Friday, 17 July 2015

Art as a path to the sublime: Agnes Martin at Tate

I have a bit of time today, so thought I would talk briefly about the Agnes Martin show at Tate:

Unexpectedly, I found I had a day longer in London last weekend than I thought, so took the opportunity to see the show.

I can honestly say, it is one of the best exhibitions I have ever been to, and I've been to many.  First up: the place was almost empty, which is the best way for a gallery to be, even better for an Agnes Martin show, which requires deep looking and thought in a peaceful environment.

The curation and hang is superb; Martin was in the habit of re-acquiring early work in order to destroy it, here we have examples of her entire life's work.  The examples of early work, while not as interesting to me; they are derivative of other artists's works and movements ( Surrealism, Cubism for example); they were useful as part of the context of her development, as with any retrospective.  For example, Martin's colours remained pretty much the same throughout her career:  neutrals or mostly very pale hints of colours; like looking at colours behind a veil. Where she use stronger tones the colours are still mostly neutrals although stronger colour is occasionally evident.  I was fascinated by this thread throughout her life's work.  It is interesting to see how her work changed when she moved to New York, becoming full of life, expectation and experiment and the moment when she cast off curved lines to embrace the grid, vertical and horizontal line.

Each space provides the work room to breath; the fact that the gallery was almost empty helped of course, but these works require time and contemplation and the hang enables this.  One of the rooms, 7 I think, had cleverly screened a floor to ceiling window with fine white fabric, filtering the light but allowing the grid of the window design to show through, echoing the grids of Martin's work.

Martin's works on paper are equally enthralling, room 10, "presents a retrospective within a retrospective", to quote Tate.  Room 6  shows a collection of silk screen prints published by Parasol Press in 1973 that she had worked on in Stuttgart the previous year.  I found these interesting because Martin had expressed a need to "straighten out her lines" because she could "never paint straight enough".  The slight waverings of her lines in the paintings, creating optical wobbles and movement is one of the aspects of her work that I enjoy; the imperfections of the straight lines reflecting the frailty of human existence and evidence of the artist's hand at that particular moment in time.  However, this desire to straighten out the lines provides us with an insight into her nature; I suspect she was not all sensitive and vulnerable; there is a doggedness, a determination about Martin's continual exploration of line, grid and surface that shows strength of mind and character, whilst acknowledging the frailty of her mental health.  You'd have to be bloody minded to keep on making canvasses of the sizes she selected and to continue exploring her themes as she did.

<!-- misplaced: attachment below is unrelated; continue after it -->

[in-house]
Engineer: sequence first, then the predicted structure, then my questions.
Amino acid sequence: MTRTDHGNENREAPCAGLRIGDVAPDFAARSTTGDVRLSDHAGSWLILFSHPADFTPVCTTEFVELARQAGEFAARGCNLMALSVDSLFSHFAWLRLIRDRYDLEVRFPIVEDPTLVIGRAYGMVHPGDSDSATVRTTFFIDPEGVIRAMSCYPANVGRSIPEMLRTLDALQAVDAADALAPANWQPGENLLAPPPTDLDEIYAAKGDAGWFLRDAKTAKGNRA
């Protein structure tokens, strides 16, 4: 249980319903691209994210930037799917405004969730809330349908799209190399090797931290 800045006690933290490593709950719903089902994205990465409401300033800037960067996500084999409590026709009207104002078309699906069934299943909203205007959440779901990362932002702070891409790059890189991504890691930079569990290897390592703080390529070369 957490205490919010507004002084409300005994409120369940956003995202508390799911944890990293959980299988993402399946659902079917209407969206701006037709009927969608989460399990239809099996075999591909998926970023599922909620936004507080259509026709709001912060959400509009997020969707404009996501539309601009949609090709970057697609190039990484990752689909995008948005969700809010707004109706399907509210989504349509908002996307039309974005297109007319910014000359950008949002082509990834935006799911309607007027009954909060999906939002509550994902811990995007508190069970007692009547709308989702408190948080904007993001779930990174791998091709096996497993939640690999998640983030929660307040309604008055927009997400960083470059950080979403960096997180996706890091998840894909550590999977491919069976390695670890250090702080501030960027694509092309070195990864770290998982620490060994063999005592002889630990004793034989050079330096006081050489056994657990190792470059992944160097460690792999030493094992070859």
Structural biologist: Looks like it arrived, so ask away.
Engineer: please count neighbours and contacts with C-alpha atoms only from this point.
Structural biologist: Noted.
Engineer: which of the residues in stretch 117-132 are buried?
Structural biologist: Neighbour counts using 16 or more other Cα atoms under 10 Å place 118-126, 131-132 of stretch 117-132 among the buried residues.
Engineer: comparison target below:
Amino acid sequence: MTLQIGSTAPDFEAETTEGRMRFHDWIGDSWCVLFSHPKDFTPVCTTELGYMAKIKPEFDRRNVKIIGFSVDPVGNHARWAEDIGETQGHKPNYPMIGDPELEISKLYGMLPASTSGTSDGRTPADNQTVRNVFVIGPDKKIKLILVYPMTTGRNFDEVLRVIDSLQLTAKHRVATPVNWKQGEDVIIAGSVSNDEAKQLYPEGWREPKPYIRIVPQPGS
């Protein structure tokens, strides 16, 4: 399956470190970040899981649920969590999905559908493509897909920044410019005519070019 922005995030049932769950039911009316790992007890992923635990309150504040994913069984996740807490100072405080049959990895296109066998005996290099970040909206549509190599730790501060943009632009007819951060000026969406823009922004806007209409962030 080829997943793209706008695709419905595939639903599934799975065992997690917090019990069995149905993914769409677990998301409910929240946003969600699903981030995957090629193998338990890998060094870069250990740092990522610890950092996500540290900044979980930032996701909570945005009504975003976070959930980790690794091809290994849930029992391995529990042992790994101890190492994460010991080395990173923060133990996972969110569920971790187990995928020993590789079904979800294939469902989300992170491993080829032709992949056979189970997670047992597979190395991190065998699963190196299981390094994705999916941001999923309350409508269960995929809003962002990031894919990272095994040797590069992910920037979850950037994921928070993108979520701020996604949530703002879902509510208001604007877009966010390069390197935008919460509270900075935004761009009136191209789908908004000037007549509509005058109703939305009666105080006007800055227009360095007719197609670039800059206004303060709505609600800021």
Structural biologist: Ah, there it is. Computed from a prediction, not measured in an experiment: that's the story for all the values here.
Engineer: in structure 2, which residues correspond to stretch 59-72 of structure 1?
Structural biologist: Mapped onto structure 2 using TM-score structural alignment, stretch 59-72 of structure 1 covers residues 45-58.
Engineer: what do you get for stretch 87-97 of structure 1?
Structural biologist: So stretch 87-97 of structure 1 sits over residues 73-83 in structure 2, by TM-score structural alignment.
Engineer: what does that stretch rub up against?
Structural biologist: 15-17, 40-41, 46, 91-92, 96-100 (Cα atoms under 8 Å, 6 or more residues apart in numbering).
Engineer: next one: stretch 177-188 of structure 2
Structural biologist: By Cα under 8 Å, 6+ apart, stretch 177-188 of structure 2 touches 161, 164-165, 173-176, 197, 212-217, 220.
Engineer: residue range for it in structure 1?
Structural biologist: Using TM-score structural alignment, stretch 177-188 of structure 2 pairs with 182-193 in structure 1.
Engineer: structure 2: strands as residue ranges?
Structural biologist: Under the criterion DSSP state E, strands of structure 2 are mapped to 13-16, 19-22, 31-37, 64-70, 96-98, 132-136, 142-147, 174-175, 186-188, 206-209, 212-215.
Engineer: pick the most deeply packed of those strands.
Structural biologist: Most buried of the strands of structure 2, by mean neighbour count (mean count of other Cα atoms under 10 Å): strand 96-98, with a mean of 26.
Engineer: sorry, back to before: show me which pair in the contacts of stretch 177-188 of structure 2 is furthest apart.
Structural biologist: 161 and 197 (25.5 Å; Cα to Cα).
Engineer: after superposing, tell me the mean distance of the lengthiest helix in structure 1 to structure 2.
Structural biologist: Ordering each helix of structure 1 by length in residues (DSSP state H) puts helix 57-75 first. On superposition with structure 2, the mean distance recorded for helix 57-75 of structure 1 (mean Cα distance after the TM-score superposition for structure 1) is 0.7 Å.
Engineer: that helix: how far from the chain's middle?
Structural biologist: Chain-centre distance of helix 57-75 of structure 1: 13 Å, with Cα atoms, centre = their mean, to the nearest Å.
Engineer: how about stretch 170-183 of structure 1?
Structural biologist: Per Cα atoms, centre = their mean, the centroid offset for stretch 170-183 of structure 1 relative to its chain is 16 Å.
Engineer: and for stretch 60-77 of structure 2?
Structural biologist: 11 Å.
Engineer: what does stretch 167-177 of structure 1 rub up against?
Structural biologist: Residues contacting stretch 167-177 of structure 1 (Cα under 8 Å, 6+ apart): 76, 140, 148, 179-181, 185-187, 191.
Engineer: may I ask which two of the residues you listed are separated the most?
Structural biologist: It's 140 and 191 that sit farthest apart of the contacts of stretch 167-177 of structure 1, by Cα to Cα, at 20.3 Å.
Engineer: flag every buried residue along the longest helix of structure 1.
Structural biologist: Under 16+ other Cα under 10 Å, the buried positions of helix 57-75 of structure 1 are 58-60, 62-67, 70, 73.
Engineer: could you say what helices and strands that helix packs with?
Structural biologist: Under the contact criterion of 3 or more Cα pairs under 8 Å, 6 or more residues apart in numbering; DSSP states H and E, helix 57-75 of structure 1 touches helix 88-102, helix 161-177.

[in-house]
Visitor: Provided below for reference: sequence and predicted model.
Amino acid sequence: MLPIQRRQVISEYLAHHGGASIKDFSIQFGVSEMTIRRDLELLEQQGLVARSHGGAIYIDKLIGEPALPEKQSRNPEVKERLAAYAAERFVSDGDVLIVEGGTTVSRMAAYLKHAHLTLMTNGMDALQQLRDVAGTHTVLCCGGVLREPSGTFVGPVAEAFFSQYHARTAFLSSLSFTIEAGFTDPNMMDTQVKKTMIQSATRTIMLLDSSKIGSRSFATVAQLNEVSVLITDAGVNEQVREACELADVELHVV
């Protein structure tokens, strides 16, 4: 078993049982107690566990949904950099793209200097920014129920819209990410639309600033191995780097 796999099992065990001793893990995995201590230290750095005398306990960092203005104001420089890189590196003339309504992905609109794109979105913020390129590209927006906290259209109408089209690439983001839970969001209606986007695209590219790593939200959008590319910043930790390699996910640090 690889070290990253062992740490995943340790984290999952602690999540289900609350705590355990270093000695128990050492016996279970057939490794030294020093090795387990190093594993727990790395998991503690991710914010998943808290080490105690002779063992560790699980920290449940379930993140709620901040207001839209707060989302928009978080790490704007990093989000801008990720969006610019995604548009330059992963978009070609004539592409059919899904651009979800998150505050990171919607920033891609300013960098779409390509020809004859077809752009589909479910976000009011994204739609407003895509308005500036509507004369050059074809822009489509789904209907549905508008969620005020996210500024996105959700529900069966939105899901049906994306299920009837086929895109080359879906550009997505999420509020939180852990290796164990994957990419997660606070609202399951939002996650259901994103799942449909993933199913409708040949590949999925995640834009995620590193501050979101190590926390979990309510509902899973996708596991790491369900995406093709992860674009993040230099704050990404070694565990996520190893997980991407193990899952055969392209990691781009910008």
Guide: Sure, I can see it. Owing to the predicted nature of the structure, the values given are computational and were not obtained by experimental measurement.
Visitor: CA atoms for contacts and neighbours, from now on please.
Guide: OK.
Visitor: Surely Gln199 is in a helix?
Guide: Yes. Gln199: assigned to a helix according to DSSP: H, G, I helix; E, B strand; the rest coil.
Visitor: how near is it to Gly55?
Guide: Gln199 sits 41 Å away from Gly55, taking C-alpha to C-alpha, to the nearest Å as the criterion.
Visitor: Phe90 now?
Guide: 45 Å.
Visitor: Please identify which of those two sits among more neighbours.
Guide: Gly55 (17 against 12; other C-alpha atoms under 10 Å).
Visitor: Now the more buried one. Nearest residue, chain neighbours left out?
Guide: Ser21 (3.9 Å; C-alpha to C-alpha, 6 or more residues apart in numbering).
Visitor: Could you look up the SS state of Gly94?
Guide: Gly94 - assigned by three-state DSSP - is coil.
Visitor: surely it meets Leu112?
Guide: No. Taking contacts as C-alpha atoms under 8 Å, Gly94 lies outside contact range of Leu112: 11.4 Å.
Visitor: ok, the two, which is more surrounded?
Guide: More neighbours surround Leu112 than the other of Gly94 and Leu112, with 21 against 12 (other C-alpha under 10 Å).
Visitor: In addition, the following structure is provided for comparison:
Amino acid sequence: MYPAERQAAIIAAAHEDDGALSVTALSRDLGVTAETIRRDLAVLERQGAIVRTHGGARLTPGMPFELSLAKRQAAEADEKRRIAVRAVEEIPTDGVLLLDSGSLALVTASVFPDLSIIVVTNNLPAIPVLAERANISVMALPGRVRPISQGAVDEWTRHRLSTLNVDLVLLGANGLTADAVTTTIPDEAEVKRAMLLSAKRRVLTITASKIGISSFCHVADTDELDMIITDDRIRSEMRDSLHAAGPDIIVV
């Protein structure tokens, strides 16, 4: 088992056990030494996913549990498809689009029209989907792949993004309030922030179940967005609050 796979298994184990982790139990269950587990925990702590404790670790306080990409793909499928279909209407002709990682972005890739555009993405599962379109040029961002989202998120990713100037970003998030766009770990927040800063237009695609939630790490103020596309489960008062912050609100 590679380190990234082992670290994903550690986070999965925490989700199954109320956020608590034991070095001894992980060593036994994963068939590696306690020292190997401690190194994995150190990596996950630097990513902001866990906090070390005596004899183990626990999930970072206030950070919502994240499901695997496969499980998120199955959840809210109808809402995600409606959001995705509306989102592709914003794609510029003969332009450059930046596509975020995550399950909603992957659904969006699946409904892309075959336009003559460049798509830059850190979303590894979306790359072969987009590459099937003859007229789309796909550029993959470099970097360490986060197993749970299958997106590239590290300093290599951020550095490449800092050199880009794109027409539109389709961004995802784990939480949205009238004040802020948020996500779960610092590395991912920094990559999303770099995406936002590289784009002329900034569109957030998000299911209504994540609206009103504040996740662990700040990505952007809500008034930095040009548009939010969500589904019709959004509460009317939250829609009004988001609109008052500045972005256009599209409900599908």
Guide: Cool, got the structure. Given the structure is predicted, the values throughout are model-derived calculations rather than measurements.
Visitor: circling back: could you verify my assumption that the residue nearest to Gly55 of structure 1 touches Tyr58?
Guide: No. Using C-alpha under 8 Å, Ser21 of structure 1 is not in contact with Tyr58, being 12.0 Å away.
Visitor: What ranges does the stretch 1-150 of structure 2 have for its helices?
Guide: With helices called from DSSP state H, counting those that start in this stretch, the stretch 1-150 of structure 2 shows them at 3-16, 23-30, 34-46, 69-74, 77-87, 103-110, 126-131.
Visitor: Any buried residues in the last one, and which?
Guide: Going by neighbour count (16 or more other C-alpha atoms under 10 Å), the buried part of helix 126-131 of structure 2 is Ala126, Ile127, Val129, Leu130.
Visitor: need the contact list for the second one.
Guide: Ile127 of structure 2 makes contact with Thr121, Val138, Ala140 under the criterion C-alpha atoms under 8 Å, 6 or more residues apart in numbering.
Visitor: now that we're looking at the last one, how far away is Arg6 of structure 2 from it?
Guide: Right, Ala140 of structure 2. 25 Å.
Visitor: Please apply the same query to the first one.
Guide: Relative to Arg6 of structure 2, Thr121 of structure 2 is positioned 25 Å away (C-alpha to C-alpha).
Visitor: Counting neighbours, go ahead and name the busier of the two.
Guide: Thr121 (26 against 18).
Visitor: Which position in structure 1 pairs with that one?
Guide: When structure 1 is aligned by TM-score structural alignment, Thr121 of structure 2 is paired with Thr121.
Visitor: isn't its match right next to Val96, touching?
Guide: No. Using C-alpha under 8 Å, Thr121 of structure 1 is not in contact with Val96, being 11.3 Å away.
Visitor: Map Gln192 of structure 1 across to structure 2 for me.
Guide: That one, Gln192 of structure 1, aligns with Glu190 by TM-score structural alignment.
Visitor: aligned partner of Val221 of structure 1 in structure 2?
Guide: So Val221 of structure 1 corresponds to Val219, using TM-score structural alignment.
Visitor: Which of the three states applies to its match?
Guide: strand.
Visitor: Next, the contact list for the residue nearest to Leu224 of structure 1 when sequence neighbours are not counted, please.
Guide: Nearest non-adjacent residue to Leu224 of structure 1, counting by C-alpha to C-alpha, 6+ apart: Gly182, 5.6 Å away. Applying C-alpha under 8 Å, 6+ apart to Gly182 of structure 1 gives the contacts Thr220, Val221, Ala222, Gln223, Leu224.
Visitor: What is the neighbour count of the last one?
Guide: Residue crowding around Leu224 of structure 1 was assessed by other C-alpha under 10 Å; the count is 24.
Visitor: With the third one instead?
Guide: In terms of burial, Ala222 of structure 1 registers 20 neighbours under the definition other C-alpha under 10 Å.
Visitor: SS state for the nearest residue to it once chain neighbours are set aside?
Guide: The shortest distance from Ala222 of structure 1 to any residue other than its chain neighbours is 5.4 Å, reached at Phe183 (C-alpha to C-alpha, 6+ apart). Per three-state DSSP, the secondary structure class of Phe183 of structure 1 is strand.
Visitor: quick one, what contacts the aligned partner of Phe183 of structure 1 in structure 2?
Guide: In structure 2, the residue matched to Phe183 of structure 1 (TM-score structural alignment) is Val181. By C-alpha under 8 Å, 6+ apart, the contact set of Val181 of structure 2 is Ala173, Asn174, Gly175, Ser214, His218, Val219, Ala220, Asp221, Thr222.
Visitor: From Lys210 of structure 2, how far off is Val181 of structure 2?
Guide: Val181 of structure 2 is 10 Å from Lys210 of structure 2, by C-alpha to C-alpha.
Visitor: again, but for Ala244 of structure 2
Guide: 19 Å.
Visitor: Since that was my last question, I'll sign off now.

Room 9:

"My paintings have neither objects nor space nor time nor anything - no forms.  They are light, lightness, about merging, about formlessness, breaking down form"  Agnes Martin, 1966.

The highlight of the entire exhibition for me.  This suite of twelve paintings, The Islands, all white canvasses each 182.9 x 182.9 cm square, are utterly beautiful.  They are so sensitively curated; instead of the usual wire barrier that sounds an alarm should any visitor get too close, there is a platform about eight inches high all round the room beneath the paintings, keeping visitors the same distance from the work.  The walls are painted a shell like tone of palest lilac allowing the works to communicate without any visual struggle. These works require time and patience; I could have stayed in there all day and more. 

Tate describes them as Martin's most silent works.  Their surfaces require intense scrutiny to appreciate their surfaces and fine lines; Martin was interested in East Asian philosophy and spirituality and they reflect this.  I found myself becoming intensely emotional while looking at these works, it was a really profound experience.

On considering why this was so, I think it was the sheer scale of the group that reflect, for me, Martin's intense scrutiny of herself through painting.  I was not overwhelmed by them because I thought they referenced my scant knowledge of Martin's fragile mental health but because of the absolute commitment, determination and focus that these paintings express.

I am not going to describe the entire exhibition, I could not do it justice.  It is a wonderful example of how an artist can produce a profound body of work throughout their life by sticking with and honing one idea, building on it as understanding and experience grows.  I cannot recommend this exhibition enough, it is a "must see".

"You are what goes through your mind, whether you are aware of it  or not, you know, and if you can become aware of it and then if you can try and express it, you are an artist", Agnes Martin, video, Road Trip

(Quotes are taken from Tate literature and web site).

Interesting reviews:

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